From Fisherman to Nature Conservation Advocate

Phu Yai Daeng, or Village Leader Daeng, has lived his entire life in the coastal village of Bang Kaew on the Gulf of Thailand.  Every household in the village survives on artisanal fishing, and from a young age, Mr. Daeng helped his father with the family’s fishing.  Mr. Daeng is thus familiar with the waters in the Gulf, and also is an expert in operating a boat.  In fact, he can only drive boats, and doesn’t drive a car or a motorbike.

 

Growing up in a natural setting, Mr. Daeng never had to be taught environmental science, or botany, or ecology.  Stepping out of his home meant stepping directly into a nature classroom. Living amongst mangroves, fish and other marine animals, Mr. Daeng naturally observed and learned about ecology, sort of through osmosis of his surroundings.  Also, traditional knowledge passed down from his ancestors emphasized the local ways to protect his environment.

 

As an adult, Mr. Daeng started operating his own fishing boat and noticed that there was less fish to catch and he had to go further out to sea to catch fish.  He also saw how individuals and timber companies were coming to his neighborhood to chop down mangrove trees for wood.  Not only did this denude the coastal area making it uglier with little shade, but with increasing impacts of climate change, the coastal area started eroding, and villages along the coast suffered increasing events of flooding, strong winds, and storm surges.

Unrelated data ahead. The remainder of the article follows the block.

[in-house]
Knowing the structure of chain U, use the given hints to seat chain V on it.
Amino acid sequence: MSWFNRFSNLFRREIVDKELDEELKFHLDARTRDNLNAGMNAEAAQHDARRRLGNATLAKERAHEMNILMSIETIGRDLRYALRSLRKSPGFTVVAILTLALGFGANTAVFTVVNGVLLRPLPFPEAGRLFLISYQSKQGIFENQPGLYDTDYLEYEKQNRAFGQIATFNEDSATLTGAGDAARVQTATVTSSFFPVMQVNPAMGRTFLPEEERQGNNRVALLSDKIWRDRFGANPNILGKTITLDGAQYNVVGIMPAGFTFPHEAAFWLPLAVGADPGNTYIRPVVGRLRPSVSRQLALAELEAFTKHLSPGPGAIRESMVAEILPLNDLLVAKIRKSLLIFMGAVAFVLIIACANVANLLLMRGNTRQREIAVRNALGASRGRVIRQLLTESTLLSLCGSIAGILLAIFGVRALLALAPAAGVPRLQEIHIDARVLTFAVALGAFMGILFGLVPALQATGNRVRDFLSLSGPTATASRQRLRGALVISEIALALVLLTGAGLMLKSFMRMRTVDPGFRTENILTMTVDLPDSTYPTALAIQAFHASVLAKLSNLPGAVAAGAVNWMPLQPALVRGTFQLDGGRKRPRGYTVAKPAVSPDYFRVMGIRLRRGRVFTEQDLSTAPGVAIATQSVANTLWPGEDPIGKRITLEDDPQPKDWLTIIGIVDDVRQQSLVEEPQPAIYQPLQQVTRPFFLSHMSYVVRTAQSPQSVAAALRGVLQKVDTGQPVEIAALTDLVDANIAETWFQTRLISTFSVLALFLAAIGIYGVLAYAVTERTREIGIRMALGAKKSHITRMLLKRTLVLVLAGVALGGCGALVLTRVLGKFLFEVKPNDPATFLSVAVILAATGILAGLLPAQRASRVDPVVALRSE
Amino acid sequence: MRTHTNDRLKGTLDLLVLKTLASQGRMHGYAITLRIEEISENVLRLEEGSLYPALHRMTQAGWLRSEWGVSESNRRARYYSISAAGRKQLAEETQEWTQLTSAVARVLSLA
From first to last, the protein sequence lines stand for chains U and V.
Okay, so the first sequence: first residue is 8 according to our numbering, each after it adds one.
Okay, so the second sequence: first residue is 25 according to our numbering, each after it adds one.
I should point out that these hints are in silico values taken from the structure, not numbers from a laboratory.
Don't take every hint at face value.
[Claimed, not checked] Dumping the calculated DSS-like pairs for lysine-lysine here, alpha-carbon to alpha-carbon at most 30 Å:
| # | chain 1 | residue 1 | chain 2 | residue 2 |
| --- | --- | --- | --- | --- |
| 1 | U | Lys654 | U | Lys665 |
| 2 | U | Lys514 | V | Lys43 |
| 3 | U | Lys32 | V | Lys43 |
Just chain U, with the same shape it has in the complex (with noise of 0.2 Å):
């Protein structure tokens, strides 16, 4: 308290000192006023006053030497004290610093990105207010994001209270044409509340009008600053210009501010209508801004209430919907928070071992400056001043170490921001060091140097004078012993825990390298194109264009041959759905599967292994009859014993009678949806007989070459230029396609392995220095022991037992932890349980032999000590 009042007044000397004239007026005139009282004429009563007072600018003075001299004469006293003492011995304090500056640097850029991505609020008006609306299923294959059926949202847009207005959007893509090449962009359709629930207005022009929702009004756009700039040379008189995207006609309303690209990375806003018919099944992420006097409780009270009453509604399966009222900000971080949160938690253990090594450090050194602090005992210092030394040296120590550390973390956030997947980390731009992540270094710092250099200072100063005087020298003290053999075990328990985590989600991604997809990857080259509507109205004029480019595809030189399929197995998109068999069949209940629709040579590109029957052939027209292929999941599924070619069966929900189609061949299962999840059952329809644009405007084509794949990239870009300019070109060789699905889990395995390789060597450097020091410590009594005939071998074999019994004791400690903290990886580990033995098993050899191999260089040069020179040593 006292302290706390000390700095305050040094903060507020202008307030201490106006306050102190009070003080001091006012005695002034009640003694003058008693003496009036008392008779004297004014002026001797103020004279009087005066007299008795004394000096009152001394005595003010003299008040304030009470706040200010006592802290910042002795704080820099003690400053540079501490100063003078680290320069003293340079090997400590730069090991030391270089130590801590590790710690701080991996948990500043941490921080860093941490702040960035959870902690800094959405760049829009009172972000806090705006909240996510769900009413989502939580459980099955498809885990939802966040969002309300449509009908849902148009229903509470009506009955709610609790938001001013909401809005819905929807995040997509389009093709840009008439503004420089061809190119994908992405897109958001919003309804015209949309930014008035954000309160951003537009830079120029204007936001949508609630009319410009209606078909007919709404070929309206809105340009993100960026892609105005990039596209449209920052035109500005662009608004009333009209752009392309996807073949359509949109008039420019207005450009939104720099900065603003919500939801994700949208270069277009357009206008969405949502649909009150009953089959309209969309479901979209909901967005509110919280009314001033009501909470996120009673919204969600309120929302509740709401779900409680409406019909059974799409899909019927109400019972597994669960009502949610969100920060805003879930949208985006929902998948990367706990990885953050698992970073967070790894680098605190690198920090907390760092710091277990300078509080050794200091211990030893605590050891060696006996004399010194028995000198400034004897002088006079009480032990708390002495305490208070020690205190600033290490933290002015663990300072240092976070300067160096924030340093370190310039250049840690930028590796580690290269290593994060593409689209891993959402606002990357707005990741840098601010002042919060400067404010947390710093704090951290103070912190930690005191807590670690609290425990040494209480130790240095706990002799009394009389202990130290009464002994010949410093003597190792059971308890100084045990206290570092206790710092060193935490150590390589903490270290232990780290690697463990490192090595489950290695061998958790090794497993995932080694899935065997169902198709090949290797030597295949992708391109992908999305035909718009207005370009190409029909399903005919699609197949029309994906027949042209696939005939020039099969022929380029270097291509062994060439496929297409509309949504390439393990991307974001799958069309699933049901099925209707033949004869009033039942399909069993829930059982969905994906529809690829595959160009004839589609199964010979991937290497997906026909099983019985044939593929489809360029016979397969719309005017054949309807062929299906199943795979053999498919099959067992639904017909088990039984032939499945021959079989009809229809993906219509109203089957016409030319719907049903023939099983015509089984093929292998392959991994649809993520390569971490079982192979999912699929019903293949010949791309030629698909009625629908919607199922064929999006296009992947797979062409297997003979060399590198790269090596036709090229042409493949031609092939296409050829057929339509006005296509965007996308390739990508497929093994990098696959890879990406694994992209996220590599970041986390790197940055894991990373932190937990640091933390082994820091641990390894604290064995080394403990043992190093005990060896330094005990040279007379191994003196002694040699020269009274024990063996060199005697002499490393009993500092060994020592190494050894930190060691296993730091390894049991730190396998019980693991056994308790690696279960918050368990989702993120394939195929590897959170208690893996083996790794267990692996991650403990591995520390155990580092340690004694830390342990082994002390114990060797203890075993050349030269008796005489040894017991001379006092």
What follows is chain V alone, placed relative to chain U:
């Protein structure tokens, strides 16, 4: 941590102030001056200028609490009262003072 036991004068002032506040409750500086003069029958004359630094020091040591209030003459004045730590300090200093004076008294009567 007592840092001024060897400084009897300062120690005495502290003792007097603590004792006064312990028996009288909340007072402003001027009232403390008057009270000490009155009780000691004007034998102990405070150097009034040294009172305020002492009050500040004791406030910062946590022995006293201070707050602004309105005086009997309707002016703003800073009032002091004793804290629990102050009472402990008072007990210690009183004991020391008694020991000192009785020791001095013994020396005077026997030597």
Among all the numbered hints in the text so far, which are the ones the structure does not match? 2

Mr. Daeng could see that it would be a disaster for his family, friends, and the entire village if such activities would continue.  He was elected village headman, and became determined to protect his village.  Over the course of 20 years, he has gradually convinced his fellow villagers to regenerate the mangrove forest.  While the majority of the area of his village is once again protected by a mangrove belt, Mr. Daeng feels that his efforts are insufficient and the message of nature conservation has to be promoted to all Thai people.

 

A strong storm can destroy young mangrove trees, so the villagers maintain a mangrove nursery and re-plant when necessary.  But more importantly, the nursery provides seedlings as part of an environmental education program.  Mr. Daeng has gradually spread his message and government agencies and schools organize trips to visit the mangroves including getting down and dirty to plant new mangrove seedlings.

Mr. Daeng now has a plan to upgrade his education program and establish an education center where people can have facilities for sitting and reading nature-themed reference books or simply relaxing and enjoying the natural scenery.  Mr. Daeng might know just about everything regarding the natural resources of his environment, but he has requested assistance on how to transfer his knowledge to the wider public.  He needs technical assistance to establish his nature school, e.g. tangible items to display and ways to display educational materials.

 

Thus, 3C is helping to build an open-air structure replete with posters and various other educational materials for all ages.  Visitors will then be able to learn from Mr. Daeng’s lectures on the importance of mangroves and nature conservation, as well as browse through reference materials to learn more about environmental science.

Photos: Top-Village Headman Daeng showing a mangrove seedling that will be planted. Bottom-Map of location.

Photo credits: K. Sudhinaraset.

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